Backed by an impressive coalition of organized labor, progressive groups and key African American political leaders, Kenney, 56, overcame a field of candidates that included former District Attorney Lynne M. Abraham, former Common Pleas Judge Nelson Diaz, former PGW executive Doug Oliver, former state Sen. T. Milton Street and the candidate once seen as the frontrunner – state Sen. Anthony H. Williams.
With 30 percent of the vote counted, Kenney was leading by three-to-one margin over Williams, his closest challenger. The remainder of the field trailed far behind.
Kenney was running strongly in all sections of the city, and showed remarkable strength among African American voters, a sign that Philadelphia’s traditional racial voting patterns maybe eroding. That crossover vote proved decisive as a healthy margin of black voters rejected Williams, the most prominent African American in the race, in favor of Kenney, an Irish Catholic and former Mummer.
As of now, Kenney’s only rival for City Hall is Melissa Murray Bailey, a 36-year-old businesswoman who ran unopposed for the Republican nomination. With Democrats holding a nearly eight-to-one registration edge, Bailey faces daunting odds if she is to become Philadelphia’s first Republican mayor since 1951.
A possible third and more potent candidate is Bill Green, the former city councilman and current School Reform Commission member, who switched his Democratic registration to independent in March in anticipation of a possible mayoral run. “It’s something we’re looking at,” Green said in an interview. “I’m not going to do any planning until after Tuesday.”
The man of the moment, however, was Kenney, a passionate if sometimes intemperate son of a firefighter who learned the art of politics as a staffer of former state Sen. Vincent J. Fumo before winning a seat on Council in 1991.
Kenney earned a reputation as a maverick who, while a reliable vote on matters important to police and fire fighters, defied his conservative South Philadelphia rowhouse roots and became a progressive leader on issues such as gay and lesbian rights, immigration reform and the easing of penalties for possession of marijuana.
Kenney entered this year’s race late, only after the January withdrawal of former city solicitor Ken Trujillo left a coalition of labor and business leaders without a candidate to back.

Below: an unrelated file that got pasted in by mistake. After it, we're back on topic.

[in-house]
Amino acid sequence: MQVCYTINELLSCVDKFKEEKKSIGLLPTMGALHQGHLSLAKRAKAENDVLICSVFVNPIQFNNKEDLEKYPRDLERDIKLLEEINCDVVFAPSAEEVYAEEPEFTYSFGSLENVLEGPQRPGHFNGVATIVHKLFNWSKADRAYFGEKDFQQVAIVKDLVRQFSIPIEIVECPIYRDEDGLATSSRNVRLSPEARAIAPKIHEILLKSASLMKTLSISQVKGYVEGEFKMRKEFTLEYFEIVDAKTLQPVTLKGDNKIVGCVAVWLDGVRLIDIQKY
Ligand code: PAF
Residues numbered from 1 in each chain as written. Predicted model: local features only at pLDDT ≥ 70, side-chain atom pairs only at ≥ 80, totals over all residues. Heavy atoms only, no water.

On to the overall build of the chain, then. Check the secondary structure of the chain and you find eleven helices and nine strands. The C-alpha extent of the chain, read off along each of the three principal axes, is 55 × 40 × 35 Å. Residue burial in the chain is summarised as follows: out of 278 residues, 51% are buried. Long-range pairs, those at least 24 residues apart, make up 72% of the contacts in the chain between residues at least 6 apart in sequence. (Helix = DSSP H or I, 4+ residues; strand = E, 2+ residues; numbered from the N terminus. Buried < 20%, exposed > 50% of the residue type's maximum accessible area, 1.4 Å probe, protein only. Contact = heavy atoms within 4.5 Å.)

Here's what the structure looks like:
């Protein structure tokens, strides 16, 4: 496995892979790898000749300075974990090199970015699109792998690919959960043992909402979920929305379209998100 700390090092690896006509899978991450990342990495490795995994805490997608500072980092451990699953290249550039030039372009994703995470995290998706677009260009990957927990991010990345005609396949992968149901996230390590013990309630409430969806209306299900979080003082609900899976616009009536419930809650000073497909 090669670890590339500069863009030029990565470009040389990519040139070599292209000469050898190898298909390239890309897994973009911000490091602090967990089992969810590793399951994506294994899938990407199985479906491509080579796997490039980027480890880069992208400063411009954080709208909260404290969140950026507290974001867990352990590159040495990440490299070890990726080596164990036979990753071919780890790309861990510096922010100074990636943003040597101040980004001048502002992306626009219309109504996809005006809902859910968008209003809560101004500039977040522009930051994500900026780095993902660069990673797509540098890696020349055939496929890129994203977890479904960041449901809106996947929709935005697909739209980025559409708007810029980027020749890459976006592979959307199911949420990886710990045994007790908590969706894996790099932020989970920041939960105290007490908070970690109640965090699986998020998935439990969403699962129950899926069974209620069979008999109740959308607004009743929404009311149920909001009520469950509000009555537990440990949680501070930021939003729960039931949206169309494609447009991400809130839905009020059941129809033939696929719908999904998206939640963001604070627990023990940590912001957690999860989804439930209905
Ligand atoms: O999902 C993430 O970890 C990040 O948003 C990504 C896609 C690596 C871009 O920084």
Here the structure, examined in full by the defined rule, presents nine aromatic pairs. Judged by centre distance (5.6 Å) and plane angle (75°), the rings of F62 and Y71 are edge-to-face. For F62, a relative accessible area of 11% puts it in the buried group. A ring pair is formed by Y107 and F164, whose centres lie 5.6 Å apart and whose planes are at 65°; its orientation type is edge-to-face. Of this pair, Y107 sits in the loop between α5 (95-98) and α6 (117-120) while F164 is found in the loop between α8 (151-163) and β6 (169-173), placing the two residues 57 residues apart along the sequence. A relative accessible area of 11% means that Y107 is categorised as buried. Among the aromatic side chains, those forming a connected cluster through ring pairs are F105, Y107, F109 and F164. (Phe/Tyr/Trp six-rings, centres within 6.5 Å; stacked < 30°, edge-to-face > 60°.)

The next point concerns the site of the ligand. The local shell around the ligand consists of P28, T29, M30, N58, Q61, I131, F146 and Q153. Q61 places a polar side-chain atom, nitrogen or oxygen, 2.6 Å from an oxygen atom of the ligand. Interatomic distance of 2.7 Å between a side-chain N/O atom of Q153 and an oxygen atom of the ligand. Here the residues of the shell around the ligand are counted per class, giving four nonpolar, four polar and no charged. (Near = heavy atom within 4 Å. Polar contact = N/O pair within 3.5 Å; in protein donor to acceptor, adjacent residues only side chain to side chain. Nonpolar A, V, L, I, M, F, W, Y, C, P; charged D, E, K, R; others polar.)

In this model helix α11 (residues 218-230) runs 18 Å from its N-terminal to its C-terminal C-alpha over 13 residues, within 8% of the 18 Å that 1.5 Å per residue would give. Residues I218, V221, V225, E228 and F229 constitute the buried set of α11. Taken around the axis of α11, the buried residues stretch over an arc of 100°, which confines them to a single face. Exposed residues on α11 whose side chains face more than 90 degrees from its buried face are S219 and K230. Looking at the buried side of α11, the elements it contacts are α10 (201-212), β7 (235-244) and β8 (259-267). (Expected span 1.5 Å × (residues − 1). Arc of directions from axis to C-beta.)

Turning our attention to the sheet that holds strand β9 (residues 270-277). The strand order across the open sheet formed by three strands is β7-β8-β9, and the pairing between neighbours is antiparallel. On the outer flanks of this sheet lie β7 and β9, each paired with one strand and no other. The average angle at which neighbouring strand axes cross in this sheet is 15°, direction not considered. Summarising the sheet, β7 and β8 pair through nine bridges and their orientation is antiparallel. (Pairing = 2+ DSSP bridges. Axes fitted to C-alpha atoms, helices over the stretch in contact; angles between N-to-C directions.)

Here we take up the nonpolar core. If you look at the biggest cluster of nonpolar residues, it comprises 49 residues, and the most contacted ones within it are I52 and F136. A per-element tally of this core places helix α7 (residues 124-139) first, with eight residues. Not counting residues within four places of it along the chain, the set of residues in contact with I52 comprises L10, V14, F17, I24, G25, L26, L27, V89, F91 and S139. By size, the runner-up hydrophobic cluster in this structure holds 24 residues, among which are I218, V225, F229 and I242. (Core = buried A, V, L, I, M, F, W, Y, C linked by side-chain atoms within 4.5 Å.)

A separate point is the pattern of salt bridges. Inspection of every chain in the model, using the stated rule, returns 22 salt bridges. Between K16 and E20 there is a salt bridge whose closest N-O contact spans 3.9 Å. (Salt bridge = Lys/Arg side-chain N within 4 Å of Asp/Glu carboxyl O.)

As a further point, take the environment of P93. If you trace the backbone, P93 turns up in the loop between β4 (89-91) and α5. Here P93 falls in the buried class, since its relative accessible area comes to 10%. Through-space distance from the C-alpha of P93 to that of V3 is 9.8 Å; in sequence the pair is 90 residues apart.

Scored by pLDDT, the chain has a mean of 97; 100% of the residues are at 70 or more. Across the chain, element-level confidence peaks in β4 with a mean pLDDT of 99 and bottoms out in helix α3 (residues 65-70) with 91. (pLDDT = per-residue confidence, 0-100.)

Those leaders, led by John Dougherty, the head of the powerful electrical workers union, prevailed upon Kenney to resign from Council and take a run to replace outgoing Mayor Nutter.
Kenney inherited the campaign professionals left adrift by Trujillo’s withdrawal. He was endorsed by the city’s municipal unions as well as the Philadelphia Federation of Teachers. Most importantly, many of the city’s most influential black political leaders, including state Rep. Dwight Evans, Council President Darrell L. Clarke and Councilwoman Marian Tasco, gave Kenney their blessing.
From the start, Kenney’s chief rival was always presumed to be Williams, who was counting on support from the city’s black voters. Williams also had the backing of three wealthy Main Line financial traders who, like Williams, favor school choice.
Those backers put up $6.8 million in an ultimately unsuccessful advertizing campaign to elect Williams.
That effort only raised suspicions for voters such as Mount Airy resident Jane Century.
“I don’t understand the logic,” Century said. “But it’s certainly not out of the goodness of their hearts.”
Century’s vote went to Kenney, who she called the “the what-you-see-is-what-you-get” candidate.
She touted his knowledge of the issues, but admitted that his connection to union leader Dougherty troubled her. Finding the perfect candidate is a futile search, Century said.
“You don’t get to pick the ideal person. You get to pick from who’s running,” Century said.
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Bridget Woodmark, a freelance artist, and her husband, Michael Ruttenberg, a lawyer, both age 76, were divided as they left the Saigon Maxim polling place in South Philadelphia.
Woodmark voted for Williams because he came across the best on television. Ruttenberg cast a ballot for Kenney, because he had ran the most effective campaign.
“I know Anthony Hardy Williams and I knew his father, and I had great respect for him,” Ruttenberg said, referring to the late state Sen. Hardy Williams. “But I think Anthony got a little desperate toward the end of the campaign, and he went with attack ads.”
Williams had a strong showing of support in far West and Southwest Philadelphia, parts of his senatorial district and home to Hardy Williams High Mastery Charter and the Hardy Williams Veterans Center.
For instance, there was Ella Johnson, 84, a retired school custodian who voted at Mitchell School at 56th Street and Kingsessing Avenue. “He’s more for the community,” she said of Williams. “Really, I voted for him because I’ve known him ever since he was a young boy.”
But even in Williams’ backyard, there were Kenney voters.
“Skin color didn’t make a difference,” said Elbert Drakeford, who is African American and cast his ballot at the Christy Recreation Center at 56th and Christian streets. “I voted on the issues.”
Apparently he was not alone.
Staff writers Thomas Fitzgerald and Samantha Melamed contributed to this article.
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